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Jeff Liker

Jeff Liker: Toyota Recall and the Lean Movement

By Jeff Liker, - Last updated: samedi, janvier 30, 2010 - Save & Share - Leave a comment

According to some reports there have been issues of unintended acceleration over a decade and Toyota should have responded much earlier.  According to my Toyota sources they have reports of unintended acceleration all the time and need to focus on systematic causes that they can actually verify and fix.  When customers complain about unintended acceleration the dealers check a code on what they work on (e.g., fixed pedal) and then if there is some pattern (e.g., a larger than expected number) Toyota will investigate. When they investigated earlier incidents they were not finding specific engineering design problems but complex interactions of human error and specific problems with particular systems that had worn or needed repair.  The carpet problem grew more recently as all weather (rubber) carpets became popular as aftermarket items and people do not always fasten them down.  If they are loose they can entrap the peddle in extremely rare circumstances.  The sticky pedal from one of its American suppliers was found quite recently, according to Toyota, and happens with years of wear and exposure to moisture because of a particular material used for one version of the assembly in the spring-back mechanism.  It happens in a very small percentage of cases and they have not found a case where it actually forces the throttle wide open, but rather is sticky, with the braking system still able to stop the car.  The rarity of it makes it hard to find specific incidents from people going to dealers with problems of unintended acceleration.  Could they have detected that earlier?   I personally have no way of knowing.  It does seem that it is only a problem in rare instances and when it occurs the pedal is sticky in springing back, rather than any actual failure of the system.  They are very confident that allegations that the drive by wire system is to blame are blatantly false.  That is a system used throughout the industry and Toyota has so many fail-safe mechanisms built into the electronics that it is virtually impossible they would all fail at the same time.  Failure of any part leads to shutting down the gas, not accelerating the vehicle.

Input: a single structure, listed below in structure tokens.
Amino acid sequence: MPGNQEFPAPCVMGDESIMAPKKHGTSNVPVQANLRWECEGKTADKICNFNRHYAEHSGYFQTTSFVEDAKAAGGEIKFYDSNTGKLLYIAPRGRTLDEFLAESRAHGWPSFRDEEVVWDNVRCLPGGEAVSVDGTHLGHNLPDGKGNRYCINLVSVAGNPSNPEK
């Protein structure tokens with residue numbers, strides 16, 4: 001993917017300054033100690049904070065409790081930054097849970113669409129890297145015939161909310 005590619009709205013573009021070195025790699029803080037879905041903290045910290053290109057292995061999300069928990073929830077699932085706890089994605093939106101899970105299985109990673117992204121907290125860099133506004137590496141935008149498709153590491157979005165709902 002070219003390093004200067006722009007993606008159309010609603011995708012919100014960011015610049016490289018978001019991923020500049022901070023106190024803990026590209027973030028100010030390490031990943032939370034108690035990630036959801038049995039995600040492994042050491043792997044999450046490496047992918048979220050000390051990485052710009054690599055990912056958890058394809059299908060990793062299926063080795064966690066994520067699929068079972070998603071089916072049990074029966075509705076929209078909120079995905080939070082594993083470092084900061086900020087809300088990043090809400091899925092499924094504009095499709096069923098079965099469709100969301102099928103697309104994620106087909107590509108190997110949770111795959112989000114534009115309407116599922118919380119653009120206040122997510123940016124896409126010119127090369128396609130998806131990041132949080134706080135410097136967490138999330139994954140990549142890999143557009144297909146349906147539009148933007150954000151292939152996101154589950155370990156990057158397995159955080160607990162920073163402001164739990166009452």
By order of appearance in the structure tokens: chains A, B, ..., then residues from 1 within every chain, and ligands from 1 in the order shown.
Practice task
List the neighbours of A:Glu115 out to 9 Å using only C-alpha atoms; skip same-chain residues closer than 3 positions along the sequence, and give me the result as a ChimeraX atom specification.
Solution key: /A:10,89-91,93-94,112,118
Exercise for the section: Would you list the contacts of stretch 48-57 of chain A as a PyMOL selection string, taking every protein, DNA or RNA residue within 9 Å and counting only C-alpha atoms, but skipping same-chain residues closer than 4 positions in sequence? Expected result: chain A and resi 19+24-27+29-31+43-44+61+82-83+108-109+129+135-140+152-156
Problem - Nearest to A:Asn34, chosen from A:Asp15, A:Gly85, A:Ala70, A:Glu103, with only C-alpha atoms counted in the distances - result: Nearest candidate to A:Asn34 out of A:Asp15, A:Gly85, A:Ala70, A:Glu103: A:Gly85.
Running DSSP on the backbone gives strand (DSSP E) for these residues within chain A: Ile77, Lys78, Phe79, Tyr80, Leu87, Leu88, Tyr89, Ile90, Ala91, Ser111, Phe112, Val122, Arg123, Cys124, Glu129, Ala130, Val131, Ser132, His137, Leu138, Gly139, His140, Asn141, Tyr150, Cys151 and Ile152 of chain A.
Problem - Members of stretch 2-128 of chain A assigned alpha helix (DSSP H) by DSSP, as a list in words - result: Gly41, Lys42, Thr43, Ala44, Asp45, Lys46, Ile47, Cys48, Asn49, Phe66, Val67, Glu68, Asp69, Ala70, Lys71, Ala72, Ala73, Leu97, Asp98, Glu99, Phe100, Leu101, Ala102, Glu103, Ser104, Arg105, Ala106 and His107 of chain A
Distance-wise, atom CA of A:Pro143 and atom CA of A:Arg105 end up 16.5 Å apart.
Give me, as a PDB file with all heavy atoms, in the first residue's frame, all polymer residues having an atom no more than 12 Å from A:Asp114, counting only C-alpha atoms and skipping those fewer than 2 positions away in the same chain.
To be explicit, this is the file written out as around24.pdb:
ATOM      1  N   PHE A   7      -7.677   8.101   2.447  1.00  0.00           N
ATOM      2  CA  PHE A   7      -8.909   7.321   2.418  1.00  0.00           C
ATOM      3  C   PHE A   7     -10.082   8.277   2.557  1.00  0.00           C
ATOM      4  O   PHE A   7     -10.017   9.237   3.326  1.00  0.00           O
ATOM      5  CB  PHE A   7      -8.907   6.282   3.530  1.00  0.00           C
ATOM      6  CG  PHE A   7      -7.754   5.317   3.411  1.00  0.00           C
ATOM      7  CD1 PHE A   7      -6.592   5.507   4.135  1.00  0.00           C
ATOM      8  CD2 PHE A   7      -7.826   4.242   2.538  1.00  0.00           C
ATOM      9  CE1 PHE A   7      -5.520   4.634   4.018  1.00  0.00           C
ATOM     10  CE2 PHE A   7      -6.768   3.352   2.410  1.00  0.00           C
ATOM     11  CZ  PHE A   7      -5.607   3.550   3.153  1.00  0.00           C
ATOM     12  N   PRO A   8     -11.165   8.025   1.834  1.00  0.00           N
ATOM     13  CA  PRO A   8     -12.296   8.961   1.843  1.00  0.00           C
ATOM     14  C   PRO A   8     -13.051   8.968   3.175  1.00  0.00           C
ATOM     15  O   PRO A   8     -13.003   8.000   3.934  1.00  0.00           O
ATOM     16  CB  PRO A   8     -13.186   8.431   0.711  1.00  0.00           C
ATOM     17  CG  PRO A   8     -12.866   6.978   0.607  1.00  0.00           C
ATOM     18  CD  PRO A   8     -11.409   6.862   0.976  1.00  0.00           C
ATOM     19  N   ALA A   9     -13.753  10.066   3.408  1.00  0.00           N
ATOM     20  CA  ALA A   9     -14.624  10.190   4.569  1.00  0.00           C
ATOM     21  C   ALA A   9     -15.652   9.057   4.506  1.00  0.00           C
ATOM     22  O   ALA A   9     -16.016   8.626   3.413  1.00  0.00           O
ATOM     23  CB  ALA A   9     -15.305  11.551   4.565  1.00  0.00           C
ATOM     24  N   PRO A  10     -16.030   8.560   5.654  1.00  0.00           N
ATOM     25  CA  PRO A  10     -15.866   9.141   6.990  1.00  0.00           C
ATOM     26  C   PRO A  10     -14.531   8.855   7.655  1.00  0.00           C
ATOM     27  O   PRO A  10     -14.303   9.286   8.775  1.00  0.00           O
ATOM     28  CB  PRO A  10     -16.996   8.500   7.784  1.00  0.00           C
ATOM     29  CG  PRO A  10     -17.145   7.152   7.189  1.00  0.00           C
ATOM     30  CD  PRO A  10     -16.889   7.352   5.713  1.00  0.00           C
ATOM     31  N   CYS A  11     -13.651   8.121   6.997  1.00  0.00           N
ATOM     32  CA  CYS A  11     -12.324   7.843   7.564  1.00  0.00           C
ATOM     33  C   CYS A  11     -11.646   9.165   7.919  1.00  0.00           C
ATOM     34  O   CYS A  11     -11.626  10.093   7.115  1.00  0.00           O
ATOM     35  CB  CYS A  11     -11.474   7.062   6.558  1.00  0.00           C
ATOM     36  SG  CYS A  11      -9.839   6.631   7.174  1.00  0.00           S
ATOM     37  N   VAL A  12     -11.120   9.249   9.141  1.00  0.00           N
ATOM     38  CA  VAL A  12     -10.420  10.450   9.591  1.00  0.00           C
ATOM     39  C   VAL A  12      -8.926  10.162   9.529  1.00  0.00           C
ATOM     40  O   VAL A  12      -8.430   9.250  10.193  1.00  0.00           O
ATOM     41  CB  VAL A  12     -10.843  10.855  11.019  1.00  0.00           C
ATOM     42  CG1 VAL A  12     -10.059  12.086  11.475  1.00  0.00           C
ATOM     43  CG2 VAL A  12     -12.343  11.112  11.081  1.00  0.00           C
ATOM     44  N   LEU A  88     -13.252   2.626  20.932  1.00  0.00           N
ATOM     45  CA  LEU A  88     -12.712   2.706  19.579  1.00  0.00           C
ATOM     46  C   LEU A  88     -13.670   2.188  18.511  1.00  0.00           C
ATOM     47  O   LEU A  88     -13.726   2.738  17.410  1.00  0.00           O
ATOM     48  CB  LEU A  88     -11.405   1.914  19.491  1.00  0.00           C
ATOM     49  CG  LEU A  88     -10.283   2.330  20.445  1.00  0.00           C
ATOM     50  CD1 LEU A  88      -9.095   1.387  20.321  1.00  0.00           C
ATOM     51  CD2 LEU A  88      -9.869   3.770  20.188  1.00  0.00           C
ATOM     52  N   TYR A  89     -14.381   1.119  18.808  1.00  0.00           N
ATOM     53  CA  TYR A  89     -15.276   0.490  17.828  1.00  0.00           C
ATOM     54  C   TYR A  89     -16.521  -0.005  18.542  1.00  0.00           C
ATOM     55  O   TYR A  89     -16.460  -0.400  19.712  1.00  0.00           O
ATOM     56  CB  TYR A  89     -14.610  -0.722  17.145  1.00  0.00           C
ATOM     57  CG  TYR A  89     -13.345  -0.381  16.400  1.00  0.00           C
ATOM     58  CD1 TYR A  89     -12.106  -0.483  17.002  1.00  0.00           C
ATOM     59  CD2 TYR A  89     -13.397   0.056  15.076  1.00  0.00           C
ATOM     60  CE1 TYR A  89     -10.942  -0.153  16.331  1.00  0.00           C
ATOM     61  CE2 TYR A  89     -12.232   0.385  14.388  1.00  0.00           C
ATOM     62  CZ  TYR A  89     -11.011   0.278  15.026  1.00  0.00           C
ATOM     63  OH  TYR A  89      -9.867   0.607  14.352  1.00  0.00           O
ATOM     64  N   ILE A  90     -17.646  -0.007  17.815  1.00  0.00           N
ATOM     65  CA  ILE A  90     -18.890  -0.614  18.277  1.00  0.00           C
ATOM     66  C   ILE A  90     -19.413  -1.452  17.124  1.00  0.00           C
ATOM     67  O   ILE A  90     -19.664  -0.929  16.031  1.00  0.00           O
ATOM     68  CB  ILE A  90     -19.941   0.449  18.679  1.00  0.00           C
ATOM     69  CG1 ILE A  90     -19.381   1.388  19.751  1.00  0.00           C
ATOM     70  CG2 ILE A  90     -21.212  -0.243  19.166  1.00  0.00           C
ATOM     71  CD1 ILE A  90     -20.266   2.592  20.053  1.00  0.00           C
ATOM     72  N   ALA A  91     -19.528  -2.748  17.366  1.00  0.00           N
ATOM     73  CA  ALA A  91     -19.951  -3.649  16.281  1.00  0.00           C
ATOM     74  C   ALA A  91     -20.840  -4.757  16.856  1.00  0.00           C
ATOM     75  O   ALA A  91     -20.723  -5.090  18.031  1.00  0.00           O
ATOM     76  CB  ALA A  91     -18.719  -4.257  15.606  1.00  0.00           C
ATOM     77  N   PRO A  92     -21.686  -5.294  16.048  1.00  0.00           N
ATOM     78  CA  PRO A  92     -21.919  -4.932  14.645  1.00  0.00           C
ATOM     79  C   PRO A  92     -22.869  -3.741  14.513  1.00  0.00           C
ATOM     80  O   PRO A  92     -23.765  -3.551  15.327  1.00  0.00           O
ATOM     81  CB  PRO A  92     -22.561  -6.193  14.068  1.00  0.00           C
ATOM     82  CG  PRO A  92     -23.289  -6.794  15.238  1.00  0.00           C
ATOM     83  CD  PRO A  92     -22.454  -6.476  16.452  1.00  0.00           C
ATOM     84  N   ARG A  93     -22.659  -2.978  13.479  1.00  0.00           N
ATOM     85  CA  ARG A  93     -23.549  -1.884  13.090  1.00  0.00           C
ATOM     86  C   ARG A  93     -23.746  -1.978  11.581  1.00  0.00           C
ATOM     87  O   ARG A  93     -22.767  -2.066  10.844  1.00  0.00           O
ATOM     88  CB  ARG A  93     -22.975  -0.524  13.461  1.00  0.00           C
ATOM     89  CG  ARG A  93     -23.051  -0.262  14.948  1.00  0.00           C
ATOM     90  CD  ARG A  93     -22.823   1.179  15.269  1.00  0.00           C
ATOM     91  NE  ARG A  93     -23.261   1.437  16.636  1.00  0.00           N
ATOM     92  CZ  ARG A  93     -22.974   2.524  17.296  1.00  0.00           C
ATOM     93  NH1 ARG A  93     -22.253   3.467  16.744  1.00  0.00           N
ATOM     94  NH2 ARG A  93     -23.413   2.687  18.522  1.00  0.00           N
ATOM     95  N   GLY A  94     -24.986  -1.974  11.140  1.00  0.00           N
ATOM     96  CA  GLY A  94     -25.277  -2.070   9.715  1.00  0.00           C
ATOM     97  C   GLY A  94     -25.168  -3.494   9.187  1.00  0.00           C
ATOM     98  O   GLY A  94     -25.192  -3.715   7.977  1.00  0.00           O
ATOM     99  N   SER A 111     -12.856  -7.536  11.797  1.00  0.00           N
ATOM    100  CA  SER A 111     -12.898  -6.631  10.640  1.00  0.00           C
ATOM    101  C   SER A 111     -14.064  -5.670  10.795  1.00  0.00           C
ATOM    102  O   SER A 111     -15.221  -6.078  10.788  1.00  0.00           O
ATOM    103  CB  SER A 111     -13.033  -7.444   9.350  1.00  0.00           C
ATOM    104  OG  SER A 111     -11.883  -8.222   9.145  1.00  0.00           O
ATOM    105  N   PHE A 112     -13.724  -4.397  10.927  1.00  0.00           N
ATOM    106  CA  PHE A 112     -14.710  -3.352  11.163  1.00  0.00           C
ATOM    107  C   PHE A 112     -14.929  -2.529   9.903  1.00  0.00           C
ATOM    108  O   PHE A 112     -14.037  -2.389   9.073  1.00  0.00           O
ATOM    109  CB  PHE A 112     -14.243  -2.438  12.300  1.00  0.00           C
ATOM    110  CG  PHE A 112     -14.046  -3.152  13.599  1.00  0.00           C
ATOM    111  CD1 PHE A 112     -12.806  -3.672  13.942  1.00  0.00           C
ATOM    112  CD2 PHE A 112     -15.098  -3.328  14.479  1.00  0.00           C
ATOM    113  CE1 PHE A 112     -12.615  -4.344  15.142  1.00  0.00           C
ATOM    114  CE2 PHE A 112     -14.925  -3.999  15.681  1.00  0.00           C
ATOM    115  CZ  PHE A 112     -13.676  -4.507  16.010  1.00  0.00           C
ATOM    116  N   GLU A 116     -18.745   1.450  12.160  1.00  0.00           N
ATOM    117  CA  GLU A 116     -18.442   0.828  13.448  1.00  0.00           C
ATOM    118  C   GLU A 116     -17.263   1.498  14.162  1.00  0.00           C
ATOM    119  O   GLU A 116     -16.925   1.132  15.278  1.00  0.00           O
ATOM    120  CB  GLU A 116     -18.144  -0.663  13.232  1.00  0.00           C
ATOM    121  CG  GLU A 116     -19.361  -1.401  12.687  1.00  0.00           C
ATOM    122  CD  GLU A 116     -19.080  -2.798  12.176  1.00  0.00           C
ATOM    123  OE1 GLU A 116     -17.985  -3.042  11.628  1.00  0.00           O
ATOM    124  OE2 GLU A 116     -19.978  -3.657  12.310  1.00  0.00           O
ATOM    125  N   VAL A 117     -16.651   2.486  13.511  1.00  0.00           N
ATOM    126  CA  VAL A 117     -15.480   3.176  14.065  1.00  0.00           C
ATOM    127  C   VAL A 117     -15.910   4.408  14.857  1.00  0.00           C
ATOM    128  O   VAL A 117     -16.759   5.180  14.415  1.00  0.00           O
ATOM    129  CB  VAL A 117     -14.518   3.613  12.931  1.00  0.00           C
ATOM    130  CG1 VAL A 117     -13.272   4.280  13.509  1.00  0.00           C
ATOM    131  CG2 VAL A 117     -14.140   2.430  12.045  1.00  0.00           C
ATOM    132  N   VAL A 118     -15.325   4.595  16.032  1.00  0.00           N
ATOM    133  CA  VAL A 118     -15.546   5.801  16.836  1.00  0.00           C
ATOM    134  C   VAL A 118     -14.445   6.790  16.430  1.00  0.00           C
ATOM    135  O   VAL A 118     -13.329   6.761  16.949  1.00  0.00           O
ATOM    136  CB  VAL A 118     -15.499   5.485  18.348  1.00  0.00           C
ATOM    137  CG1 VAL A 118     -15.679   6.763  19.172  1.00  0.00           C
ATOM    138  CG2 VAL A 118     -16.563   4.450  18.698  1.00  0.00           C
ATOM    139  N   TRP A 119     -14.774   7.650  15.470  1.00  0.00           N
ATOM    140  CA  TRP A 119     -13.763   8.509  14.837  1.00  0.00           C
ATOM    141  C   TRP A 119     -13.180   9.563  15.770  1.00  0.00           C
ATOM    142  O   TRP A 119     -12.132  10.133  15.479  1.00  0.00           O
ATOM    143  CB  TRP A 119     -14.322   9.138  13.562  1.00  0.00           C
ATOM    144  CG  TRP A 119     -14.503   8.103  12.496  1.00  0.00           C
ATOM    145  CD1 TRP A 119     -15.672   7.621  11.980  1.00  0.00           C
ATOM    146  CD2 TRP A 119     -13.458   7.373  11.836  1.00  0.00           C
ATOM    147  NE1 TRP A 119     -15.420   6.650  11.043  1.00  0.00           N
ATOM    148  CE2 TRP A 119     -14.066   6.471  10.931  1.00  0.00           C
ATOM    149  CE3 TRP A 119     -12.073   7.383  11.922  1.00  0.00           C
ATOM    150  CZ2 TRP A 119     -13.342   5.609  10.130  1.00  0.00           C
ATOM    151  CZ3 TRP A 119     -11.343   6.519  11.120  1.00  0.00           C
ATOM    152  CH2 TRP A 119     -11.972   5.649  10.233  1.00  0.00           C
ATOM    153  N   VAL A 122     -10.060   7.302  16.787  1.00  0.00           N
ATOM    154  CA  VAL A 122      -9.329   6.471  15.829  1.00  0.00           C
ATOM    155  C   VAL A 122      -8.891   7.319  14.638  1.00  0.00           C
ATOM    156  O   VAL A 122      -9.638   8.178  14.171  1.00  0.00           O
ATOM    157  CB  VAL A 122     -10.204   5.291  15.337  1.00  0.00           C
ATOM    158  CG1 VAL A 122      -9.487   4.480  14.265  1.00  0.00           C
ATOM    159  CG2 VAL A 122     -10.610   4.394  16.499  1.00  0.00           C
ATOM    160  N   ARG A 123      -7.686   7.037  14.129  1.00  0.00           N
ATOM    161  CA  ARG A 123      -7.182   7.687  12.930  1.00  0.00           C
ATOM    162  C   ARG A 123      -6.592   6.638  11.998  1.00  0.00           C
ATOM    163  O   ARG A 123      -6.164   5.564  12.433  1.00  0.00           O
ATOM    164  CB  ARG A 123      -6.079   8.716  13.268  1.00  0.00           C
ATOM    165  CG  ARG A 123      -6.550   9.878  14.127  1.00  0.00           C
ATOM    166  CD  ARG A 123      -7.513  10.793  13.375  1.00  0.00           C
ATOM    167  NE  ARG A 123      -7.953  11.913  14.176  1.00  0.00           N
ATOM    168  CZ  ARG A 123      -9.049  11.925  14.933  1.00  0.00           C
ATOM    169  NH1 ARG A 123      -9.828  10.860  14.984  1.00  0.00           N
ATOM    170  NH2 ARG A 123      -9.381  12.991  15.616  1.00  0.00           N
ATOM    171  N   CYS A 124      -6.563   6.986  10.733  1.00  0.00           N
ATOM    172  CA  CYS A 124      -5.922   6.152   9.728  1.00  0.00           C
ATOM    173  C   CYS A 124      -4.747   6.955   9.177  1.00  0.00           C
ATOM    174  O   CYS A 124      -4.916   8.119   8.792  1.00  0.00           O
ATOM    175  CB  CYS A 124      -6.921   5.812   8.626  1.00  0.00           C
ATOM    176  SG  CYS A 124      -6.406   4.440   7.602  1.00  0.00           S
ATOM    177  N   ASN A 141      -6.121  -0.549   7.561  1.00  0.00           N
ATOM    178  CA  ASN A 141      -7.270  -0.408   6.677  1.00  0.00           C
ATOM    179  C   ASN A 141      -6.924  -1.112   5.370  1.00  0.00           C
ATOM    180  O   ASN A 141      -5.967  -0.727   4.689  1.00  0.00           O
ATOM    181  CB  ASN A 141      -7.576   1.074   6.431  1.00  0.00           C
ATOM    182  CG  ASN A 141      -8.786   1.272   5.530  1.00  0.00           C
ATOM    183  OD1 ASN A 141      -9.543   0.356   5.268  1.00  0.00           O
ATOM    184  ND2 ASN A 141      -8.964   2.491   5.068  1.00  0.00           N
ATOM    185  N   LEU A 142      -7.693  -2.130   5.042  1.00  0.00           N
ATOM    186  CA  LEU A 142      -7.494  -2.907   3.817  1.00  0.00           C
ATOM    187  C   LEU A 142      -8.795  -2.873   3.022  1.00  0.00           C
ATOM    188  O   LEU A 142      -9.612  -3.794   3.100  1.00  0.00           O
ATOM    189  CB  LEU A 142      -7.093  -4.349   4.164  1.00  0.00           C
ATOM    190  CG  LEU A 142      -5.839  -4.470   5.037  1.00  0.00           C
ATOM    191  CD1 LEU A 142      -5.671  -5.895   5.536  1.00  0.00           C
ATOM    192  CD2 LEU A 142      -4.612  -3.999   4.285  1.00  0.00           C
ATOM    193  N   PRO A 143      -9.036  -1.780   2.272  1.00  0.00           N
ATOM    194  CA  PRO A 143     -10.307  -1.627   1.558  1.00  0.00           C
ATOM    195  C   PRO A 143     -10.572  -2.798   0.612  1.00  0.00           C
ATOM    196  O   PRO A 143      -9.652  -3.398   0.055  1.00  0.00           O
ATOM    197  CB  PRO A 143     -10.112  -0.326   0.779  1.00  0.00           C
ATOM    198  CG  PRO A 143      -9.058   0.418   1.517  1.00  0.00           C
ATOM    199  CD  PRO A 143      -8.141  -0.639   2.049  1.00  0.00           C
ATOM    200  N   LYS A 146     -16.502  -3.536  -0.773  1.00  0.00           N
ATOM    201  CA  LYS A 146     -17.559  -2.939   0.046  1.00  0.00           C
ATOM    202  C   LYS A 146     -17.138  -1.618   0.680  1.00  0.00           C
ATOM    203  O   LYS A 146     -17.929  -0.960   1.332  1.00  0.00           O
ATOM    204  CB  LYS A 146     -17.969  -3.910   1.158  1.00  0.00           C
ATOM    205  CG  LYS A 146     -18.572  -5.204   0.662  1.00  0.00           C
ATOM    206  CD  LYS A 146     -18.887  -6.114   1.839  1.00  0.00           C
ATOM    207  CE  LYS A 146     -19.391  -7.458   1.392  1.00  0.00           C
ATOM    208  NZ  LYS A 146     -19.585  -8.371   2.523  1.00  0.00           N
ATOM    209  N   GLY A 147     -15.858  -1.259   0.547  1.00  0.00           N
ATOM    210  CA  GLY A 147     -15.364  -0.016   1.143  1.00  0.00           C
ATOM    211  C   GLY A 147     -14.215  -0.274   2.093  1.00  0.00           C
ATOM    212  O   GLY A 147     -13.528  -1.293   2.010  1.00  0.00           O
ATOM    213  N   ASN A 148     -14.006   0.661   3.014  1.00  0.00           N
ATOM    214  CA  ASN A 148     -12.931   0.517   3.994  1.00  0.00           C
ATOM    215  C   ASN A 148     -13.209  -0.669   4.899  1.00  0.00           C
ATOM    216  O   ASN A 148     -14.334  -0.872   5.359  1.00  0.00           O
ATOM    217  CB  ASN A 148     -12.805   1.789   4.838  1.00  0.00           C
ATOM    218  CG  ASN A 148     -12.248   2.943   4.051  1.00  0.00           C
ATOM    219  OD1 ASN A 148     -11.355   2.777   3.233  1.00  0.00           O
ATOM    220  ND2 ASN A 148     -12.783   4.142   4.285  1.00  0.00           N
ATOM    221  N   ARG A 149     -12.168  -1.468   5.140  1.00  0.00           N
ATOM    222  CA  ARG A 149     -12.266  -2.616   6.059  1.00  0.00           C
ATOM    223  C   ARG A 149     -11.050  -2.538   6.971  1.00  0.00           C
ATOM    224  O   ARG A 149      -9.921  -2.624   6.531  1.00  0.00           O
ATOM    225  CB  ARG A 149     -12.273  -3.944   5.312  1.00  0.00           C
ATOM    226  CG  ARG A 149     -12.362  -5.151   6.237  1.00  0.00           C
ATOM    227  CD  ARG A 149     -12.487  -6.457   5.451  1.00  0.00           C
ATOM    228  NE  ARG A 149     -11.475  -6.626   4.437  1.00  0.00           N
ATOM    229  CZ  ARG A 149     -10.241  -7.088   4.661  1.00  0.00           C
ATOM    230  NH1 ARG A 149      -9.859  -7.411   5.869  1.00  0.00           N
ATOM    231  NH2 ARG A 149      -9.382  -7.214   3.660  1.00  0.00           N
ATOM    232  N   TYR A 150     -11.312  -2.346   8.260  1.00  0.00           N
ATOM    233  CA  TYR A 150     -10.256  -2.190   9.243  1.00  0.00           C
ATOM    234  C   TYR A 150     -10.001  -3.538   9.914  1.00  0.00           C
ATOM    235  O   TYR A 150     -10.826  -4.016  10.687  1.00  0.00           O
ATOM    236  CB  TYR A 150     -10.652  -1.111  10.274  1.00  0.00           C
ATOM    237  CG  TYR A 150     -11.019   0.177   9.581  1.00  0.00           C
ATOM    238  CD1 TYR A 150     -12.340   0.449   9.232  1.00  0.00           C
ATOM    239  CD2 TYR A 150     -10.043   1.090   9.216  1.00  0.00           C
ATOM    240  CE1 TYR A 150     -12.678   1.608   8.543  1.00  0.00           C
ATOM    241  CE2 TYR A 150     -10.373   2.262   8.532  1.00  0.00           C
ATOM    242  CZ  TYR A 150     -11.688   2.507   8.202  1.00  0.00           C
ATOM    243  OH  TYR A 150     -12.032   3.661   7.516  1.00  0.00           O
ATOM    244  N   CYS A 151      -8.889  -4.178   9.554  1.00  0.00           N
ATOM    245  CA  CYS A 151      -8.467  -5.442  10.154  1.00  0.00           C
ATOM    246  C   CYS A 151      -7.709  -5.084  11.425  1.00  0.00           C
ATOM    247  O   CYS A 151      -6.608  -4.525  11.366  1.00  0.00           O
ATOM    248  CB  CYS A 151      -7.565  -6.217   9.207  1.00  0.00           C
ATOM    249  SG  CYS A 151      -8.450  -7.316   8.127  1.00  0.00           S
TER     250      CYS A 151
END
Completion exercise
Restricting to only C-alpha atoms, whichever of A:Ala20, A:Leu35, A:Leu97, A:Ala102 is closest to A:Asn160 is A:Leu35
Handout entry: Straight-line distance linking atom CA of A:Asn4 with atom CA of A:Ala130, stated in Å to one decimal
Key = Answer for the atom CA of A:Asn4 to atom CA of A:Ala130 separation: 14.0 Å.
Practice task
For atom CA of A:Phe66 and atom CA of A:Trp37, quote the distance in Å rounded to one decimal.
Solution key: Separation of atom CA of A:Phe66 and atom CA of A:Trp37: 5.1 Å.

Between the carpet and accelerator Toyota has had to recall about eight million cars, and stop production and sales of models with that particular accelerator assembly from one supplier plant.  The sheer number gives the impression that Toyota’s quality is suffering and there are massive problems throughout the company.  People are questioning whether they have lost their way or have serious weaknesses in engineering and manufacturing systems. There is a logical fallacy called “hasty generalization.”  In this case we see that a pedal was designed between Toyota and one supplier about seven or eight years ago and generalize that to attributes of the global company today.  That would be an improper generalization from the data.

There are many people who I respect that fear this is the result of Toyota growing too fast.  The Toyota Way is a deep management philosophy that takes years to teach. Toyota had this philosophy deeply engrained in Japan through a lifetime of working for the company.  Any expansion globally would mean bringing on outsiders (employees and suppliers) who did not grow up in the culture and teaching them which leads to greater variability. Obviously this could have been avoided by limiting the company to engineering and production in Japan. Toyota has done far more than any other company I personally know of to deeply engrain the philosophy in all employees and suppliers globally over years of training and coaching, but there is always room for improvement.

There is a lot of speculation of what Toyota did and did not do right in the past that allowed these problems to occur and we will probably will never get all the facts in this very specific case of floor mats and sticky gas pedals caused long ago.  I think it is more useful now to focus on what Toyota can learn for the future.  Toyota Business Practices would say:  1) Brutally confront the actual facts of what happened,  2)  find the root cause through five-why questioning going deeper than this particular problem to identify system causes, 3) diligently put in place countermeasures, and 4) monitor the results to continue learning.  That can lead into the engineering process, communications with suppliers and dealers, and public relations.

It would be tragic if organizations that have looked up to Toyota as a model of a lean enterprise suddenly concluded that lean does not work.  I believe the success of Toyota over the last six decades has proved the principles of lean regardless of what happens to Toyota going forward. I would certainly hate to see other companies give up their pursuit of excellence because Toyota was found to be human and less than perfect.

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